Summary: Gods are whatever people worship, trust and serve. Why does God care? Other gods hurt us. HOW: Practical ways to worship, trust and serve God.
Read Exodus 20:1-3.
The first commandment seems like an easy one. I doubt that any of you is a secret worshipper of Baal or Zeus. You don’t kneel before a Buddha in your garden, or have a shrine to Hindu gods in your bedroom. How then is this commandment relevant for us?
WHAT is a god?
People WORSHIP gods, they TRUST gods to give them benefits, and they SERVE gods by their actions. Gods do not always take a physical form; they can be anything people WORSHIP, TRUST, or SERVE.
• What might people WORSHIP?
The origin of the English word “worship” is “worth-ship.” Worship is ascribing value to people or things.
A likely candidate for a false god in today’s world is the god of “More.” Americans value More: more toys in their garage, more rooms in their houses, more money in their paychecks, more exotic vacations, more fun on their weekends, more pleasure and excitement, more activities for their kids—more of everything.
Some people are not as materialistic. They place greater value on freedom, health, or approval and affirmation. Those are good things! Other people place high value on power and control, fame, or success and security. Those can be good things too.
Even good things can become like gods, if the value we place on them rivals the value we place on God and the things he values. If my physical health is more important to me than my spiritual health, or I dream more about being a successful pastor than I do about people coming to Christ, I am in danger of worshipping another god. If making your family look good is more important to you than bringing your children to Christ, you might be in danger of worshipping a false god.
• What might people TRUST?
Reader’s Digest presented a poll in 2018 of the 100 most trusted people in America. The top 4 were actors: Tom Hanks, Sandra Bullock, Denzel Washington, and Meryl Streep. Nobel Prize winners and Supreme Court Justices were farther down the list, along with sports stars. Apparently, celebrities are trusted.
Of course, there is little danger that Tom Hanks will rival God for our trust. We are more likely to place too much trust in a retirement account, as a guarantee of a secure financial future. We might trust our fitness regimen to ensure our good health. We might place our trust in the government (or maybe not!), or in a political leader or ideology that promises to fix everything that is wrong with the world.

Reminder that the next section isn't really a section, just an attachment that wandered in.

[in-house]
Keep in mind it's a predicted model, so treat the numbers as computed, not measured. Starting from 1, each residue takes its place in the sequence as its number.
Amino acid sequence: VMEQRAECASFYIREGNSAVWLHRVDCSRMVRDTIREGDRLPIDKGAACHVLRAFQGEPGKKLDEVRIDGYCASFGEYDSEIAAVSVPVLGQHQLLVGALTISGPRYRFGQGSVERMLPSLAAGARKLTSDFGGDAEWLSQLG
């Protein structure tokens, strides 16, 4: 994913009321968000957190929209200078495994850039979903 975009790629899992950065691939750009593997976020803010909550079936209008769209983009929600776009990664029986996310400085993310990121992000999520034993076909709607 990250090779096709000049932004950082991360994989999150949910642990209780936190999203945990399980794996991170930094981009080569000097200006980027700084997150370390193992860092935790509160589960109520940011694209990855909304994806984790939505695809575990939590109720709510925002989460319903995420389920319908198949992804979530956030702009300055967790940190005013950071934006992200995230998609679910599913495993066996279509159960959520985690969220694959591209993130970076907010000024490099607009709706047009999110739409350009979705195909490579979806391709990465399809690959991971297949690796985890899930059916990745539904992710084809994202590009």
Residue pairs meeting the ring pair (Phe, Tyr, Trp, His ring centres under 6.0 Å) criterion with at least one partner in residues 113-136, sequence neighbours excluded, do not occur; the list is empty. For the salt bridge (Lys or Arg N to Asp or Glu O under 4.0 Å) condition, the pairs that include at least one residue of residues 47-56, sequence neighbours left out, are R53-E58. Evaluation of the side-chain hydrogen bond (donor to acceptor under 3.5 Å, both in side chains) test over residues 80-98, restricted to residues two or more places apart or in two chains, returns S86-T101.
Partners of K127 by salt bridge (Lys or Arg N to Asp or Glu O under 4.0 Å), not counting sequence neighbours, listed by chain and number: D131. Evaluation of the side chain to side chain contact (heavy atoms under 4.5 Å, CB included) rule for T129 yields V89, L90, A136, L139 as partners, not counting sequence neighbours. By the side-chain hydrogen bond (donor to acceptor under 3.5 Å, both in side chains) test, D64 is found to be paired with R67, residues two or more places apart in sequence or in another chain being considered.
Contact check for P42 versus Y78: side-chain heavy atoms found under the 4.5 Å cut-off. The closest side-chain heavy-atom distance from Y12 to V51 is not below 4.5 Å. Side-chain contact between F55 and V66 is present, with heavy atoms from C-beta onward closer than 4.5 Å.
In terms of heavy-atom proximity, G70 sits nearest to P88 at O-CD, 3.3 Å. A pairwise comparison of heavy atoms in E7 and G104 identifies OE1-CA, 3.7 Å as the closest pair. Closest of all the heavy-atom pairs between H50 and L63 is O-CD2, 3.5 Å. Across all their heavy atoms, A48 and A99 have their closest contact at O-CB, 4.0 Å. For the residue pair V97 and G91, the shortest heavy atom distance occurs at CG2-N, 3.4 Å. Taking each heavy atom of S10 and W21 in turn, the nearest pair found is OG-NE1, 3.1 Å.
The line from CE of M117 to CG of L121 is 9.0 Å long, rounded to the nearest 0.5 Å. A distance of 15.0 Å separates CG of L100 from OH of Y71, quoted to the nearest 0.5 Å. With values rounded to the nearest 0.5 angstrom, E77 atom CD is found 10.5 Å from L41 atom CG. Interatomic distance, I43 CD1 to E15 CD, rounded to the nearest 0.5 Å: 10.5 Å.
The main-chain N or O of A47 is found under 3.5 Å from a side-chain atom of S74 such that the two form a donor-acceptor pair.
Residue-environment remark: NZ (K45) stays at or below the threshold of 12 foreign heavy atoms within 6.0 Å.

The most dangerous rival to God in our lives might be the god called “I.” Jesus warned about placing too much trust in our own ability to guarantee our future. He told the story of the rich man who trusted in what he stored in his barns, only to die and have nothing. He said, “Which of you by worrying can add a single hour to his life?” Might worry be a sign of misplaced trust?
• What masters might people SERVE?
Most of us spend a good share of our time and efforts working. We serve the boss or the company, and we serve our need to support ourselves and our families. We are not serving those as our gods; in fact, we can serve God through our work, as we support ourselves.
Jesus warned about another kind of service, however: “No one can serve two masters…You cannot serve both God and money.” (Matthew 6:24) If we live for work and the rewards it brings to us, or we are consumed by our pursuit of money and financial security, God will not be #1 in our lives.
People can take the place of God too, if they become our masters. Some people are driven by their need to meet the expectations of others. Some are desperately trying to earn the approval of a parent, even a parent who has died! Some feel compelled to measure up to the standards of their social group. Others are slaves to their own ego, and their insatiable need to prove their worth.
Then, there are evil powers that command the service of some. Paul said, “Do not let sin reign in your mortal body so that you obey its evil desires…For sin shall no longer be your master…” (Romans 6:12-14) Some people serve bad habits, addictions, or sins that have become rooted in their lives.
The gods we worship, trust, or serve, are not likely to be physical idols. They are anything or anyone who is a rival to God in our lives—that compete for our worship, trust, and service.
The first commandment God gives is, “You shall have no other gods before me.” You shall not worship them, trust them, or serve them. But…